Do “We” Need Unions? Wrong Question

With last week’s supposed defeat of labor in Wisconsin*, there have been all sorts of discussions about the future of unions. The Atlantic went so far as to fire up themselves some troll bait, with a ‘discussion’ titled “Are Unions Necessary?” One of the interesting things in reading many of the comments and posts on the subject is that there’s a reference to “we”–mostly from people who aren’t in unions and aren’t eligible to join a union.

Matt DeCarlo, in the context of teachers unions, explains why this is the wrong way to think about the question (boldface mine):

I sometimes hear people – often very smart and reasonable people – talk about whether “we need teachers’ unions.” These statements frequently take the form of, “We wouldn’t need teachers’ unions if…,” followed by some counterfactual situation such as “teachers were better-paid.” In most cases, these kinds of musings reflect “pro-teacher” sentiments – they point out the things that are wrong with public education, and that without these things unions would be unnecessary….

The question of whether or not “we need teachers’ unions,” though often well-intentioned, is inappropriate.

It’s not up to “us.” The choice belongs to teachers.

Laws pertaining to unions and collective bargaining are of course highly complex, and light years outside the realm of my personal expertise, but the right of workers to organize is grounded in the rights to freedom of speech, freedom of association and freedom of assembly. Americans have a Constitutionally-guaranteed right to get together, pool resources, and advocate for what they believe – whether in the form of a labor organization, a small protest, or a celebrity fan club.

Everyone is entitled to their own opinion about whether collective bargaining should be limited to certain areas, or taken away entirely – it’s a free country – but the freedom to form a union is fundamental and, at least in theory, is protected by law. In the case of teachers, unions exist because teachers want a voice in their workplace. That is why, even in states where collective bargaining is prohibited or restricted, and membership (and dues) is purely voluntary, teachers’ unions can still be influential.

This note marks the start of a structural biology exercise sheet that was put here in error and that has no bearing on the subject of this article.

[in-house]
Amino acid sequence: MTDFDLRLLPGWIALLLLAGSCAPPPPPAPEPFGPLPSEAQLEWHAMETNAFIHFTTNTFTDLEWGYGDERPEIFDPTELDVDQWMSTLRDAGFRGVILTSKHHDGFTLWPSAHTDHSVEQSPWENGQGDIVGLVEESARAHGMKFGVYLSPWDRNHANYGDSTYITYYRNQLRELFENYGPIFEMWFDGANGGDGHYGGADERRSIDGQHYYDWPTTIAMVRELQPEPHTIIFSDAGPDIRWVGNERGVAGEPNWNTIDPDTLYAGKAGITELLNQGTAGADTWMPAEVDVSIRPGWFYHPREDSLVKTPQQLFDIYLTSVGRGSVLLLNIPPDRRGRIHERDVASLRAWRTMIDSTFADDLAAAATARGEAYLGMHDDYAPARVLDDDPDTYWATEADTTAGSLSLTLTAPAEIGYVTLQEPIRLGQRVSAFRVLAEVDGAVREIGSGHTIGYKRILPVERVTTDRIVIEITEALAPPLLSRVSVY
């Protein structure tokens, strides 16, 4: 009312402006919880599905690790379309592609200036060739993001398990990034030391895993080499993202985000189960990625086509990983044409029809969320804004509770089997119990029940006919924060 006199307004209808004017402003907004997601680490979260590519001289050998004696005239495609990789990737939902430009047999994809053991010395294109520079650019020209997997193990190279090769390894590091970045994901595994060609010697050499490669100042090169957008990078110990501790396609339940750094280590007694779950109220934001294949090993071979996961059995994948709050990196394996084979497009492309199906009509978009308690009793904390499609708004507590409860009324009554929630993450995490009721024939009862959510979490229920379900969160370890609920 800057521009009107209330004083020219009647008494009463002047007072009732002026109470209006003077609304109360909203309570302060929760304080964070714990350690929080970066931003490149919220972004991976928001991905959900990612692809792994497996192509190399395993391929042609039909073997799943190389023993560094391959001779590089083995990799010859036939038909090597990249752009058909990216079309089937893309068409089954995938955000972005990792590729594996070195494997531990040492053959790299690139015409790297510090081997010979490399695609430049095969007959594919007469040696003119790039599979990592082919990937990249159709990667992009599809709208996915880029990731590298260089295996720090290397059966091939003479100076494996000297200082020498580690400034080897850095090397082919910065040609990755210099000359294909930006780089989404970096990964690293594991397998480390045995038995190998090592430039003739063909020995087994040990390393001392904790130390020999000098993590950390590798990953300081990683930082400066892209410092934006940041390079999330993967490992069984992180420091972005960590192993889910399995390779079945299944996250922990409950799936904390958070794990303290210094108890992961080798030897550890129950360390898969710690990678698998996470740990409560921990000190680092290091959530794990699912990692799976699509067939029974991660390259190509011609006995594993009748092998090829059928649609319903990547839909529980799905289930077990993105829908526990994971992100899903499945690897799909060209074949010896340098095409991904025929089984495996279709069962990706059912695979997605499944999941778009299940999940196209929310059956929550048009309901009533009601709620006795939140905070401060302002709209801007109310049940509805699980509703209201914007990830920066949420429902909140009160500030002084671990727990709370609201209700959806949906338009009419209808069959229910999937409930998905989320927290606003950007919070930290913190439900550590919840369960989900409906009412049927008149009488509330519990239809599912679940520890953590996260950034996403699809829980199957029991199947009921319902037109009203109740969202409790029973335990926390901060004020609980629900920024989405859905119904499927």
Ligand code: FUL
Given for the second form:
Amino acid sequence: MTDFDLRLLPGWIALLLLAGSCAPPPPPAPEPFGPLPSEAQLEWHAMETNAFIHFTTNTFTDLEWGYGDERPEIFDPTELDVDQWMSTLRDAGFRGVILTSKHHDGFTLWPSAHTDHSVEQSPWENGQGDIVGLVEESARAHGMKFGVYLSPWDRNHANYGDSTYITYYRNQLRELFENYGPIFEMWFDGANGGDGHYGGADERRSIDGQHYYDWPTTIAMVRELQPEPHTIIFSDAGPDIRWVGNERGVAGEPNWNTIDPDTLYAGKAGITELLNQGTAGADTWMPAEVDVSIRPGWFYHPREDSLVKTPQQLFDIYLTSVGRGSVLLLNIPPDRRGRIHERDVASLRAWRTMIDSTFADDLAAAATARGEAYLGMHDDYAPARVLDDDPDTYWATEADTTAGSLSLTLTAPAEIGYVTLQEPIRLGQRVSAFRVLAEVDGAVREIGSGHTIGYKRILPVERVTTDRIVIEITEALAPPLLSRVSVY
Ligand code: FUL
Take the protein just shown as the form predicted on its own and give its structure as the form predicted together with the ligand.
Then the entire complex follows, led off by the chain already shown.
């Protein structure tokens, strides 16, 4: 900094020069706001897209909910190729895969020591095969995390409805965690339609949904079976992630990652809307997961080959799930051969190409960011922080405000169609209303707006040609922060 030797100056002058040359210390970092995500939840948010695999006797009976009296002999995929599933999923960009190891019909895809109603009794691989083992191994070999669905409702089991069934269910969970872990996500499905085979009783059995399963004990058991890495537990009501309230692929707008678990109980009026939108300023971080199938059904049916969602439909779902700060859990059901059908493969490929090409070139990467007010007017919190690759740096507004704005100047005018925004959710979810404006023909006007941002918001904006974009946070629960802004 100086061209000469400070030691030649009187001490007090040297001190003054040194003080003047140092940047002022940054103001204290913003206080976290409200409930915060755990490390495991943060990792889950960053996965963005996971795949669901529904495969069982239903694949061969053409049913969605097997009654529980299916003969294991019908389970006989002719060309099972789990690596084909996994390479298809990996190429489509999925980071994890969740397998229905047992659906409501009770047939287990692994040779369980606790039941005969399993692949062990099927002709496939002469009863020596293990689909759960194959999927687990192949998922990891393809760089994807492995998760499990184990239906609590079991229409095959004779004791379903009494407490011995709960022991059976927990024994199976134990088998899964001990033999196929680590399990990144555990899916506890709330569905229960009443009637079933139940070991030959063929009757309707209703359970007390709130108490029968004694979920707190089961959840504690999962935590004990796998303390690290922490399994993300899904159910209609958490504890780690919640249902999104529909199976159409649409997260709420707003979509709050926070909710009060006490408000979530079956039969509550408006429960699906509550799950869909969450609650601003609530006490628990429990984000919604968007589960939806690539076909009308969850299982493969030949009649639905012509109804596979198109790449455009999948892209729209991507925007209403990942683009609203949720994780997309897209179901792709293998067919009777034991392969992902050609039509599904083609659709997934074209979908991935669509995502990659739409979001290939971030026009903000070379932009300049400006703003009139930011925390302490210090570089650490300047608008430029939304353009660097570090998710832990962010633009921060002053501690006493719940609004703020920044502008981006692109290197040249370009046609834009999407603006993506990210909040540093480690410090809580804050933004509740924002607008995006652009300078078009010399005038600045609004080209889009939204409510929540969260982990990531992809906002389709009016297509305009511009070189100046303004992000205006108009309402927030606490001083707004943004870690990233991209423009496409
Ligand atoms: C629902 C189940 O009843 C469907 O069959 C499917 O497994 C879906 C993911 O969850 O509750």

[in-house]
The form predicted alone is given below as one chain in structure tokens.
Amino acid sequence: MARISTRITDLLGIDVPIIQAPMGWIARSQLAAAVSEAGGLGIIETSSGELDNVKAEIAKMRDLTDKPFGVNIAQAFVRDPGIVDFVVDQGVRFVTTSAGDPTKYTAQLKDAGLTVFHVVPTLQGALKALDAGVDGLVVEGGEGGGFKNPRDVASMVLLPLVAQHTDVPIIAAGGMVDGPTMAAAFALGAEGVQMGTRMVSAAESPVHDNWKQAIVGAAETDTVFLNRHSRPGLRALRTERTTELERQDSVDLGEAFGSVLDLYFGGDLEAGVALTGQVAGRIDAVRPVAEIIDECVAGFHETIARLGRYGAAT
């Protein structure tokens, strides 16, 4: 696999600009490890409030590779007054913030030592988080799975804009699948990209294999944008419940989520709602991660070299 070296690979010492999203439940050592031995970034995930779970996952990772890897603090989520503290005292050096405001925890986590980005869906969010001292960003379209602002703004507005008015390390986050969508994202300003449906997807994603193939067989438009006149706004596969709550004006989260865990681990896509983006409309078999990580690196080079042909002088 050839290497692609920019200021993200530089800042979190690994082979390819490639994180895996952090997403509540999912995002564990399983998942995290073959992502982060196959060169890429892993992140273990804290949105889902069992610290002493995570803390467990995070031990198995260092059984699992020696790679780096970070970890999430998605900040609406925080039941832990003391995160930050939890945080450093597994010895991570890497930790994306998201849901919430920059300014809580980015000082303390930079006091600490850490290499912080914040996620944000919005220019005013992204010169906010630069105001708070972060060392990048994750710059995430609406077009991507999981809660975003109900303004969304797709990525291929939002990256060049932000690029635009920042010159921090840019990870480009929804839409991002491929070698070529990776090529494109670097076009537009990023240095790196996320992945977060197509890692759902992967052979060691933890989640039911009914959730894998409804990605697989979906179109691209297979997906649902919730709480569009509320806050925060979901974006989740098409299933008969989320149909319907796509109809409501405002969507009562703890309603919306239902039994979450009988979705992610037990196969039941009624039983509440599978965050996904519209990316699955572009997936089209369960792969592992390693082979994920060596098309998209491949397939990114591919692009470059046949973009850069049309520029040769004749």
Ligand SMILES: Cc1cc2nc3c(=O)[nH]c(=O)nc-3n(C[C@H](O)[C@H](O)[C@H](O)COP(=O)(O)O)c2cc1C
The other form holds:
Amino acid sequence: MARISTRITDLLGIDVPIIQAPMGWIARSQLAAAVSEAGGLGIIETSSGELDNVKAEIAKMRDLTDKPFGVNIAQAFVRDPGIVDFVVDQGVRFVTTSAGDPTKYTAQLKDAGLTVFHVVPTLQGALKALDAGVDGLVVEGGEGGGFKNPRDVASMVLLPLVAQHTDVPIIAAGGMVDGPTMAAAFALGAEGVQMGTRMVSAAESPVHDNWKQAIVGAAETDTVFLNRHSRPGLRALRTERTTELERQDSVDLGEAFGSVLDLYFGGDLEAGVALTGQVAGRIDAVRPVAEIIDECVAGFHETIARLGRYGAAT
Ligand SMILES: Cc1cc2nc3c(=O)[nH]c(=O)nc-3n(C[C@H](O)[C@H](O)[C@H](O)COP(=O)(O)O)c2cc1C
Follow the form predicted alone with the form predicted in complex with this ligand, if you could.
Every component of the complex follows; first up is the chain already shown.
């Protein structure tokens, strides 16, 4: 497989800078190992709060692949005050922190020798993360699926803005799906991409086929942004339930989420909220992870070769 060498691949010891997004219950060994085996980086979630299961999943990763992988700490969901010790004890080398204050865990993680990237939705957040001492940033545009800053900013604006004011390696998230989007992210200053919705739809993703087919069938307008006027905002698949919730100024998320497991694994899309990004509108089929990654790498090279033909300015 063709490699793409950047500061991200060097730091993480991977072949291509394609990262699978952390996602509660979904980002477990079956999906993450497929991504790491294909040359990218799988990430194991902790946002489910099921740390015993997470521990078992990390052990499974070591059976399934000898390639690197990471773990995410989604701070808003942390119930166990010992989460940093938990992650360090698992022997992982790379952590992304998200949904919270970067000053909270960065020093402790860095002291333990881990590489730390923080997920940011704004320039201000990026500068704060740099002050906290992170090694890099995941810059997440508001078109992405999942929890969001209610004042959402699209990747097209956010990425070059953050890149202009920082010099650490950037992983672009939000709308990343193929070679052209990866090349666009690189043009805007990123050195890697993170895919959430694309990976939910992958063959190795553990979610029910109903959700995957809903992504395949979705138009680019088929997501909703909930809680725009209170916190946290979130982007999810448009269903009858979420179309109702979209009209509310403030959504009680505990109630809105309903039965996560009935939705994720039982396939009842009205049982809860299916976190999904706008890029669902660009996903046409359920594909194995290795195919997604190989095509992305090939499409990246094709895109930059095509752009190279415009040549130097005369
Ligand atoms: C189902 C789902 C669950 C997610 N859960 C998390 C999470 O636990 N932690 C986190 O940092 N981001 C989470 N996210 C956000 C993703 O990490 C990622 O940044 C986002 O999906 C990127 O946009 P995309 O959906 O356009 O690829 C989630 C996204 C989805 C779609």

So, I say we should be careful about discussing any unions – for teachers or any workers – in terms of whether or not the rest of us need or want them. Not only does it sort of imply that “we” know what’s best for these workers, but, if you’ll permit me a slight overstatement, asking if we need unions is just a step or two away from asking whether we need freedom.

Teachers have learned the hard way that to defend the things they care about, they need unions–as many charter school teachers are starting to discover. And it’s perfectly reasonable for one of those things to be their salaries. Because, like most of us, “we” care about making the rent, even if we’re not in it to maximize profits.

*Even if Walker had lost, labor is still on the ropes. And since he was going to screw them anyway, what choice did they have? Besides, anyone who wants to destroy collective bargaining rights is going to do so if he or she has the power to do it. This isn’t a ‘moderate’ position; it’s an attempt to dominate workers.

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4 Responses to Do “We” Need Unions? Wrong Question

  1. joemac53 says:

    I always frame the question about the need for unions with the reply “to protect workers from unscrupulous greedy assholes”. Your right to be such a person (or organization) continues until I decide I’ve had enough of your crap and my response is to organize or start some ultraviolence. Nice people (teachers?) are not supposed to express themselves this way, but I’m a big ugly guy who makes Charlie Manson look innocent.

  2. Min says:

    Something that is perhaps counterintuitive about why we need unions is that unions benefit not only their own members, but non-union workers. It is not the case that if a union is busted and its workers receive lower pay, then there is no money for other workers. In fact, there will be pressure to lower wages for non-union workers, as well. The main threat a non-union worker has is to switch jobs. The better the alternatives, because of unions, the more powerful that threat is. Worker-worker envy is counterproductive.

    There are other reasons, of course, such as the fact that better paid workers will spend more, which will benefit the economy as a whole. But right now worker-worker envy is being politically exploited.

  3. joemac53 says:

    I am also very tired of business plans that depend on the exploitation of workers who have to be subsidized by government programs. If a full-time worker gets a paycheck and food stamps and qualifies for subsidized healthcare, something is out of balance.
    When I was a young teacher with 7 years under my belt and two kids I was one kid away from food-stamp eligibility (I knew because I helped the kids in my homeroom with their forms at the beginning of the year). I thought this was a little wacky.
    Thanks, Min for pointing out that union benefits put the pressure on the non-union segment to match ’em.

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